mination. 14.43 Record. 14.44 Final decision.

AUTHORITY: The provisions of this Part 14 issued under Executive Order 11246, 3 CFR 1965 Comp., as amended.

SOURCE: The provisions of this Part 14 appear at 36 F.R. 5906, Mar. 31, 1971, unless otherwise noted.


These rules of procedure supplement, and are established pursuant to, the provisions of 41 CFR 60–1.26(b). § 14.2 Scope of rules.

These rules govern the practice and procedure for proceedings conducted, and decisions made, by the Department precedent to the imposition of sanctions under section 209(a) (1), (5), and (6) of Executive Order 11246, as amended, for violations of Executive Order 11246, as amended, and rules, regulations, and orders thereunder. [36 F.R. 5906, Mar. 31, 1971, as amended at 36 F.R. 7218, Apr. 16, 1971] $ 14.3 Definitions.

(a) “Department” means the “Department of Commerce".

(b) "Secretary” means "Secretary of Commerce".

(c) "Notice" means "Notice of Hearing”.

(d) "Party" means a respondent; the General Counsel, Maritime Administration; and any person or organization participating in a proceeding pursuant to $ 14.8.

(e) "Respondent” means a person or organization against whom sanctions are proposed because of alleged violations of Executive Order 11246, as amended, and rules, regulations, and orders thereunder.

(f) “General Counsel" means “General Counsel, Maritime Administration".

(g) "Hearing clerk” means “Secretary, Maritime Administration”. (36 F.R. 5906, Mar. 31, 1971, as amended at 36 F.R. 7218, Apr. 16, 1971) § 14.4 Time computation.

In computing any period of time under these rules or in an order issued hereunder, the time begins with the day following the act or event, and includes the last day of the period, unless it is a Saturday, Sunday, or legal holiday observed in the District of Columbia, in which event it includes the next following business day. When the period of time prescribed or allowed is less than 7 days, intermediate Saturdays, Sundays, and legal holidays shall be excluded from the computation. DESIGNATION AND RESPONSIBILITIES OF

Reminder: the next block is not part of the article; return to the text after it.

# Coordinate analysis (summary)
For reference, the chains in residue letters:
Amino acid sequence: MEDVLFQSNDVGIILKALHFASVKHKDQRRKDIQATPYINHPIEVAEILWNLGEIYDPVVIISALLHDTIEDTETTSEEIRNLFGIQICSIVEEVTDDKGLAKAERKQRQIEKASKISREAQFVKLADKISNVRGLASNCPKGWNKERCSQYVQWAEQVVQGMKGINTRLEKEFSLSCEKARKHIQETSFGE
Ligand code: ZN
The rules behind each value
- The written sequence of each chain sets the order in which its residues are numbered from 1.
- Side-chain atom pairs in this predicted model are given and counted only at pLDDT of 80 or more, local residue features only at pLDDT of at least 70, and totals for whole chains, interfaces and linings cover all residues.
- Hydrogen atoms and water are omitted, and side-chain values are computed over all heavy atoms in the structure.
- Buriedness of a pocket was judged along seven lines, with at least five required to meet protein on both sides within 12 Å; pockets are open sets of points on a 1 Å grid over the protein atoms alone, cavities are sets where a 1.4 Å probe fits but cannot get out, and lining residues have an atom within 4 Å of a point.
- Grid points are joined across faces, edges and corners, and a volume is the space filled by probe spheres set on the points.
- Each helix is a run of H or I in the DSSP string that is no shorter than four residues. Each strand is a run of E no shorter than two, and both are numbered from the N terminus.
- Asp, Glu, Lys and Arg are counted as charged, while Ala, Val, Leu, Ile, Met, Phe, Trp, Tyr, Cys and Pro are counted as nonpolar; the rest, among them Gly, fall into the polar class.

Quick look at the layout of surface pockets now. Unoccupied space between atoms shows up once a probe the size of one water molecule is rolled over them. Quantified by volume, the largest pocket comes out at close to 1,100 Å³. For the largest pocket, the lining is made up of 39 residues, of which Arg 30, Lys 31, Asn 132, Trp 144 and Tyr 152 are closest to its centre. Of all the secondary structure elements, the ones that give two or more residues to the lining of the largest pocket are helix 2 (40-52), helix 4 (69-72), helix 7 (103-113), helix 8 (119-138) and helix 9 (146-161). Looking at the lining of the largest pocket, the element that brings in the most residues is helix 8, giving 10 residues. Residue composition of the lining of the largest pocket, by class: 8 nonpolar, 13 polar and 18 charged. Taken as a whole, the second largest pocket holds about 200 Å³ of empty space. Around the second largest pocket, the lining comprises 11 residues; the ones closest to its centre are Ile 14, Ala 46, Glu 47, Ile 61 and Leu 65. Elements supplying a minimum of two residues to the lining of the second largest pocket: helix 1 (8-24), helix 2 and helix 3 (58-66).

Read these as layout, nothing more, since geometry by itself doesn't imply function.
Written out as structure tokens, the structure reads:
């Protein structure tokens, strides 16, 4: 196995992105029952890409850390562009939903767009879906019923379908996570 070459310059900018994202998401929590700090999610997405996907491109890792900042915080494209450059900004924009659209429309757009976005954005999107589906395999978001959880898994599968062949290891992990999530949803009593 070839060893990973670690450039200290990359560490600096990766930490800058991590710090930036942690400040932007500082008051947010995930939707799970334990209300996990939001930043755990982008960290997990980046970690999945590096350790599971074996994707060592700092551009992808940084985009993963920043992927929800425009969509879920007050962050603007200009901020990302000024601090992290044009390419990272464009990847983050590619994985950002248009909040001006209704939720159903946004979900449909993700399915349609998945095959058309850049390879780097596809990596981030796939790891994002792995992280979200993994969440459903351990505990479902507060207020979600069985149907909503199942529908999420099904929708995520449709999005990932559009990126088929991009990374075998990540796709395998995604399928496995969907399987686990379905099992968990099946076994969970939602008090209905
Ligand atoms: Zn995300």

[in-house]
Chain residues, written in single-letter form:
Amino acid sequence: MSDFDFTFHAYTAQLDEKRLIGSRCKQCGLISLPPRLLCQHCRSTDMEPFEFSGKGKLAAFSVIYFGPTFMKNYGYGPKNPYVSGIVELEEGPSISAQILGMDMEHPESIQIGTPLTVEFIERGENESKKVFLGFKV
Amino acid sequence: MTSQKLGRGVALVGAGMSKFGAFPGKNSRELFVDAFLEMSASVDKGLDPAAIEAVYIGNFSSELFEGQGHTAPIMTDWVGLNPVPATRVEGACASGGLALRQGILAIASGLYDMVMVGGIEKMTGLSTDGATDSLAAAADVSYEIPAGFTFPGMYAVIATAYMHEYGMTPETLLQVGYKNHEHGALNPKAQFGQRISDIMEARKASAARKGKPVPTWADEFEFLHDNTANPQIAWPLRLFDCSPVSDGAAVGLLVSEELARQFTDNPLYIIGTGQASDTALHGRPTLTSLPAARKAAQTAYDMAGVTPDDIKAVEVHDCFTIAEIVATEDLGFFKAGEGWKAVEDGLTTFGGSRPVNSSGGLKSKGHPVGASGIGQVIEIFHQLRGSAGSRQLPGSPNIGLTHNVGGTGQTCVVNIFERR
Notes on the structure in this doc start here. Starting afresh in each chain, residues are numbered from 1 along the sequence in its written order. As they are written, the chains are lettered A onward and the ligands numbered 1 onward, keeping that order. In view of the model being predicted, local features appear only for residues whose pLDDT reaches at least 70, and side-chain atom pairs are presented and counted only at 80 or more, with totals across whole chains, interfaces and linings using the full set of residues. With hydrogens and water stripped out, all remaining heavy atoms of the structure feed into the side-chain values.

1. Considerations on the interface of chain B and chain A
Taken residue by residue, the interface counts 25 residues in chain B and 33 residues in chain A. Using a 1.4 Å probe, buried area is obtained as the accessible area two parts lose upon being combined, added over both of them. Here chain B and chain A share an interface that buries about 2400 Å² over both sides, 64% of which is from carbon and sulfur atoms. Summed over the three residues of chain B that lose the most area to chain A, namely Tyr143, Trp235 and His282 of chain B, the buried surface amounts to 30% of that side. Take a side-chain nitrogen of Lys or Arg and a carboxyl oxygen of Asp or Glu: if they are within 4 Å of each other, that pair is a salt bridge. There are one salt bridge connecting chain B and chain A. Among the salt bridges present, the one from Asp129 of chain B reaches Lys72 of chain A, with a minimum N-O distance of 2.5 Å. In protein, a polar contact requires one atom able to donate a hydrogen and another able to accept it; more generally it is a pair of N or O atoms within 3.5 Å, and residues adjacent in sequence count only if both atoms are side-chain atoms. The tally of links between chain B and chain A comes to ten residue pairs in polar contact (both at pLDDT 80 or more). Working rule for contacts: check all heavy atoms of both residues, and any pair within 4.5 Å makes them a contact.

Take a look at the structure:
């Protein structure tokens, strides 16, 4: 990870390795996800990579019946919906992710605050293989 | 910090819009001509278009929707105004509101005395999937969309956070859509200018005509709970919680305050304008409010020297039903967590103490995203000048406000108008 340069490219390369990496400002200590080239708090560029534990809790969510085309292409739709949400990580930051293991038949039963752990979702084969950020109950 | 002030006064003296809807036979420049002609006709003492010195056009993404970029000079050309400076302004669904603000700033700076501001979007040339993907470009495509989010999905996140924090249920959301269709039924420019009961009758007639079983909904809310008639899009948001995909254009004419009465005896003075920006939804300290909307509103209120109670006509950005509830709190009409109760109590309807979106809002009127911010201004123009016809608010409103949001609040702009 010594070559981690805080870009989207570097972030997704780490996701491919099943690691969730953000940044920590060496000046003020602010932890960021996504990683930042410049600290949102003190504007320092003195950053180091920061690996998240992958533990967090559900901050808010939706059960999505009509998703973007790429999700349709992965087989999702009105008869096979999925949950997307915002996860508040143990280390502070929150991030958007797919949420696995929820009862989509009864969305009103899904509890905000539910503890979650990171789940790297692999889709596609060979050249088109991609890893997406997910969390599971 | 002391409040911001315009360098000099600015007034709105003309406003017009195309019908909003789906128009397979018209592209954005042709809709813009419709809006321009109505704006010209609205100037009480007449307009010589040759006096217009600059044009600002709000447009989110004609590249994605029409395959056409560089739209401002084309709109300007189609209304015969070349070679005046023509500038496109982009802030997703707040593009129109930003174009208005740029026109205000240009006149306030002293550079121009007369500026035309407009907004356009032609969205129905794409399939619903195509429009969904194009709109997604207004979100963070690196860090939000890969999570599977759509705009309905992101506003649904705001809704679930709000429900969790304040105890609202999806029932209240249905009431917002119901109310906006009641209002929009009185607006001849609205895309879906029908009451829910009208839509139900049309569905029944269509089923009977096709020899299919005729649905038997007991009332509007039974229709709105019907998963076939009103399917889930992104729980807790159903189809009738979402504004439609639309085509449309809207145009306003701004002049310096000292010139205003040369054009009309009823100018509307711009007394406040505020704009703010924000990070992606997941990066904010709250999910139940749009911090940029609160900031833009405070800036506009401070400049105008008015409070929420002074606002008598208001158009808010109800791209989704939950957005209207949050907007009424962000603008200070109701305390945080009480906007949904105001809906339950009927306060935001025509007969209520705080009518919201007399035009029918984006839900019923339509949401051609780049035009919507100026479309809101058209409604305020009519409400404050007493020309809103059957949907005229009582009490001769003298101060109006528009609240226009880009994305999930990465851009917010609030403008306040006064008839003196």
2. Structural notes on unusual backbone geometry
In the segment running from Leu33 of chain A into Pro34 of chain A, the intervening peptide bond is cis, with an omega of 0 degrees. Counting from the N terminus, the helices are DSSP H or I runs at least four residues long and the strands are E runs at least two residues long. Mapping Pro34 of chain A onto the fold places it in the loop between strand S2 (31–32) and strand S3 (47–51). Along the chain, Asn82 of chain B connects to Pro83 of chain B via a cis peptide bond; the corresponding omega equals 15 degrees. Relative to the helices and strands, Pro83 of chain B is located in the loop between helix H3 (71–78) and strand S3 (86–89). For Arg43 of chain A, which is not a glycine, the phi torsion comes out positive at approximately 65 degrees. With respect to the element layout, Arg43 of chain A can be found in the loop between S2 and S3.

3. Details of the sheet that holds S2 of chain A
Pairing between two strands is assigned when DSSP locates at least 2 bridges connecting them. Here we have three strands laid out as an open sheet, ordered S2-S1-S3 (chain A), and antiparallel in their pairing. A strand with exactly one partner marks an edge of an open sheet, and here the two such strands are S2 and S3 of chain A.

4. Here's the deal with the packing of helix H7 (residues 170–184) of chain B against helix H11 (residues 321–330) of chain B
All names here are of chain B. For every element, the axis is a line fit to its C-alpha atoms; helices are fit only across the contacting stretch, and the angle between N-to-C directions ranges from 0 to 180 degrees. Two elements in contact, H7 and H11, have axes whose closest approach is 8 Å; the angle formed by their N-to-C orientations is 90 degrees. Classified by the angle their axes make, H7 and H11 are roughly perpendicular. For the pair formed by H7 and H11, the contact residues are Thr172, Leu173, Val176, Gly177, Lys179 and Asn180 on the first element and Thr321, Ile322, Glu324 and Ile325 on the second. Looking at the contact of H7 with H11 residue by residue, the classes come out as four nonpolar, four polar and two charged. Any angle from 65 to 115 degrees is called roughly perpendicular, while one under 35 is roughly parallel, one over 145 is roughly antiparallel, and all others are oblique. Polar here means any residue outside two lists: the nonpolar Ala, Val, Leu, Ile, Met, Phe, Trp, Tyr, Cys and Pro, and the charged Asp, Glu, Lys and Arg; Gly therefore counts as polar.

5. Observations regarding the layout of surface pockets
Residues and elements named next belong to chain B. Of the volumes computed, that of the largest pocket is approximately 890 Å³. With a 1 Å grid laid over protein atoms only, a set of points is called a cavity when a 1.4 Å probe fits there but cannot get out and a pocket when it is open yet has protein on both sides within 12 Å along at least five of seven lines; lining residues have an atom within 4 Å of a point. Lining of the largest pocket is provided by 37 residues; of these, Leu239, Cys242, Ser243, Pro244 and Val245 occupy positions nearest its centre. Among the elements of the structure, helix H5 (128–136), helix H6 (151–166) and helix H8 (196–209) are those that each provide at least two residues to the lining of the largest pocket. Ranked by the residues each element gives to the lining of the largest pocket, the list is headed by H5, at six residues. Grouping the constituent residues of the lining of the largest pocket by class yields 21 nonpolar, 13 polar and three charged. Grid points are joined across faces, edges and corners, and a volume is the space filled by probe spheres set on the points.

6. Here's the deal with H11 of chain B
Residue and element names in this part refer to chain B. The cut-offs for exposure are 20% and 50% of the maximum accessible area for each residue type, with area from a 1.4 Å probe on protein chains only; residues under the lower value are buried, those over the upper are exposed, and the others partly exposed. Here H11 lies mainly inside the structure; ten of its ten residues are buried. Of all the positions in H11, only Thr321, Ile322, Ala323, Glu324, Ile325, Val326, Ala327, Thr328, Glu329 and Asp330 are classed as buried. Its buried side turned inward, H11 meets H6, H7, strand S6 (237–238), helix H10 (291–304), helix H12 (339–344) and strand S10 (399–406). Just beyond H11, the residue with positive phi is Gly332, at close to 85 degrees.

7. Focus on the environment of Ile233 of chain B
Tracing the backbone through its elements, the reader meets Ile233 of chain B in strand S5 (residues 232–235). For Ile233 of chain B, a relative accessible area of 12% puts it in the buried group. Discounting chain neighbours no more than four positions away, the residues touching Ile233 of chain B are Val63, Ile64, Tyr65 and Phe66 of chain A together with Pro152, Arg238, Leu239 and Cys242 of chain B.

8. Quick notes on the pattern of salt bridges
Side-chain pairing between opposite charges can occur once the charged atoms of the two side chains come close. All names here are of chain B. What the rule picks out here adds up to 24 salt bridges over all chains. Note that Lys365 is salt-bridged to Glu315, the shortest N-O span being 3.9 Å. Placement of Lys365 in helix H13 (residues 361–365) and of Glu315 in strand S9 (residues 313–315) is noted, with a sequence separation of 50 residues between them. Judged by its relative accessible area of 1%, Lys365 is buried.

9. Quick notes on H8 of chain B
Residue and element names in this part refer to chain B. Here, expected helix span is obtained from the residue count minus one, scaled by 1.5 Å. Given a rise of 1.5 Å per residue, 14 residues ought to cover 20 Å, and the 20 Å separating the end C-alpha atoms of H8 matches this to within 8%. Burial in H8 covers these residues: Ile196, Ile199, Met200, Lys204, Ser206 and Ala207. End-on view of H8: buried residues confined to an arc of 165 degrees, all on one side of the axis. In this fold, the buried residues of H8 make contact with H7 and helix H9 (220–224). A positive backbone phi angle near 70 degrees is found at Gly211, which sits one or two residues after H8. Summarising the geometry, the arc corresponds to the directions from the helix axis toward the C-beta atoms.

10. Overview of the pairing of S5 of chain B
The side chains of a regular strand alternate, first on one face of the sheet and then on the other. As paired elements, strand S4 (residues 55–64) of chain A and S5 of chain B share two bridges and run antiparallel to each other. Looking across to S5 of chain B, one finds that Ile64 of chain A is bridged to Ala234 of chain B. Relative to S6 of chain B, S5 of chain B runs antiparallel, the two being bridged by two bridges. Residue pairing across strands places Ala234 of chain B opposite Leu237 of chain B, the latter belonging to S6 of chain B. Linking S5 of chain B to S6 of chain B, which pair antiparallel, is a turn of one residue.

HEARING EXAMINER $ 14.5 Designation.

Hearings shall be held before a hearing examiner designated by the Secretary. In the case of the death, illness, disqualification, or unavailability of the designated hearing examiner, another hearing examiner may be designated in his place. § 14.6 Authority and responsibilities.

(a) The hearing examiner shall have the duty to conduct a fair and impartial hearing, to take all necessary action to avoid delay, and to maintain order. He shall have all powers necessary to those ends, including, but not limited to, the power to:

(1) Hold conferences to settle, simplify, or fix the issues in a proceeding, or to consider other matters that may aid in the expeditious disposition of the proceeding.

(2) Require parties to state their position with respect to the various issues in the proceeding.

(3) Establish rules for media coverage of the proceedings.

(4) Rule on motions, and other procedural items in matters before him.

(5) Regulate the course of the hearing, the conduct of counsel, parties, and other participants.

(6) Examine witnesses and direct witnesses to testify.

(7) Receive, rule on, exclude, or limit evidence.

(8) Fix time limits for submission of written documents in matters before him.

(9) Take any action authorized by these Rules.

(10) Upon notice to all parties, modify or waive any rule upon a determination that no party will be prejudiced and that the ends of justice will thereby be served.

(b) The hearing examiner shall recommend a decision on the basis of the record before him. Together with his recommended decision, he shall propose findings of fact and conclusions of law to the Secretary.

APPEARANCE AND PRACTICE § 14.7 Participation by a party.

A party may appear in person, by representative, or by counsel, and participate fully in any proceeding held pursuant to these Rules. § 14.8